Re: Silly question: Where's eth0?
El vie, 26-10-2007 a las 17:46 -0400, Douglas A. Tutty escribió:
> On Fri, Oct 26, 2007 at 07:16:03PM +0100, Joe wrote:
> > Yes, I know what to expect with Sid, which I've been running since
> > before Sarge was released, and this isn't it. Sid is for incorporating
> > new software variants into a future Stable, and sorting out any
> > integration issues, not for troubleshooting broken software. It's
> > supposed to work *before* it arrives in Sid.
> > I had one (1) Ethernet adaptor, which used to be called eth0. I can
> > understand potential confusion if there was more than one, and I've seen
> > that happen. What conceivable reason is there for designating it eth1,
> > the second Ethernet interface, when the machine contains only one?
> > Workarounds there might be, but why do I need them?
> > The thread is about the wisdom of setting up networking in The Debian
> > Way. The point I was making is that The Debian Way today clearly isn't
> > The Debian Way of a month ago. It used to involve editing a text file,
> > and at worst tweaking the modules a bit, now it involves learning the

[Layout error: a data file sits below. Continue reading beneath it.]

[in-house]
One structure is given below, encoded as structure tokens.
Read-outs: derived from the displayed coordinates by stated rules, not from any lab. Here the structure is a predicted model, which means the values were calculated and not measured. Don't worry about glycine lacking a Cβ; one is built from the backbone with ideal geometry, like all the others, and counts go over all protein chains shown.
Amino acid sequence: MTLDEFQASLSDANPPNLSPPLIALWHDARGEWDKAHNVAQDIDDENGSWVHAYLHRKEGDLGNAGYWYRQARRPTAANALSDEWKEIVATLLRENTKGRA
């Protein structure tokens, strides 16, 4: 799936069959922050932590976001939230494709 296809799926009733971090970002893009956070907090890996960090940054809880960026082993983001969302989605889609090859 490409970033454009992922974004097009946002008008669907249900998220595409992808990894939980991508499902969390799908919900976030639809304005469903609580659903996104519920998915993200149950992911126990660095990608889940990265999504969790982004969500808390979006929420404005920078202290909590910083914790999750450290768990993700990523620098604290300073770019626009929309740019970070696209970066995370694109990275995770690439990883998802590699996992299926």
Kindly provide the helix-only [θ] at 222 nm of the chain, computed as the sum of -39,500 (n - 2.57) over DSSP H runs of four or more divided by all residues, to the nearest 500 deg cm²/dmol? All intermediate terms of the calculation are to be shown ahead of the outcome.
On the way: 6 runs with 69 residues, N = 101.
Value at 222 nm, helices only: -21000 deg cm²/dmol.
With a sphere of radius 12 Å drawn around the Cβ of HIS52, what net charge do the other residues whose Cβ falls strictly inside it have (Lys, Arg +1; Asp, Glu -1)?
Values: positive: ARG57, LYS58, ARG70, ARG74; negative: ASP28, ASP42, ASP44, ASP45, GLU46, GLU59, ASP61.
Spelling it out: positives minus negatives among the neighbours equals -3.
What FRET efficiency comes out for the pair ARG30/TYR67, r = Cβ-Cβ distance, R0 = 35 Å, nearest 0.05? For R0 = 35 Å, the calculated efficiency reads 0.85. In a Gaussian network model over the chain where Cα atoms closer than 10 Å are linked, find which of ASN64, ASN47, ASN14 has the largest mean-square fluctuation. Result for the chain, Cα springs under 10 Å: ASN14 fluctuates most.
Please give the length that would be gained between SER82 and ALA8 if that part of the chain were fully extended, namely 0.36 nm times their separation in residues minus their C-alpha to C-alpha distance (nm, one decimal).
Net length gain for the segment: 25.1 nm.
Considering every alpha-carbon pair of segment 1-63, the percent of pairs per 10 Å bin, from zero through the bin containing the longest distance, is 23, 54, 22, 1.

> > operation of an entirely automatic system that the user isn't even
> > supposed to see, and how to override it when it screws up. As far as I'm
> > concerned, that's The Windows Way, and it doesn't belong in Linux.
> Here Hear!. However, your anger is misdirected. Udev is part of the
> 2.6 kernel not part of Debian. If a new version of udev comes down the
> pike to go with a new version of the Kernel, don't blame Debian. Sure,
> I suppose they could stall brining a new kernel into Sid until udev was
> fixed but my jaundiced view is that udev will never be fixed it will
> just continue to make Linux look more and more like windows; Lindows.
Well, after the addition of SEWindows in Debian, udev and others; maybe
Debian needs its own kernel, as BSD! Because if not, it is going to be
> I wish it was more like OpenBSD where there are no eth*, but numbered
> instances of drivers by name. I _think_ the order is based on hardware
> (e.g. what PCI slot its in) and so doesn't flop around like udev does.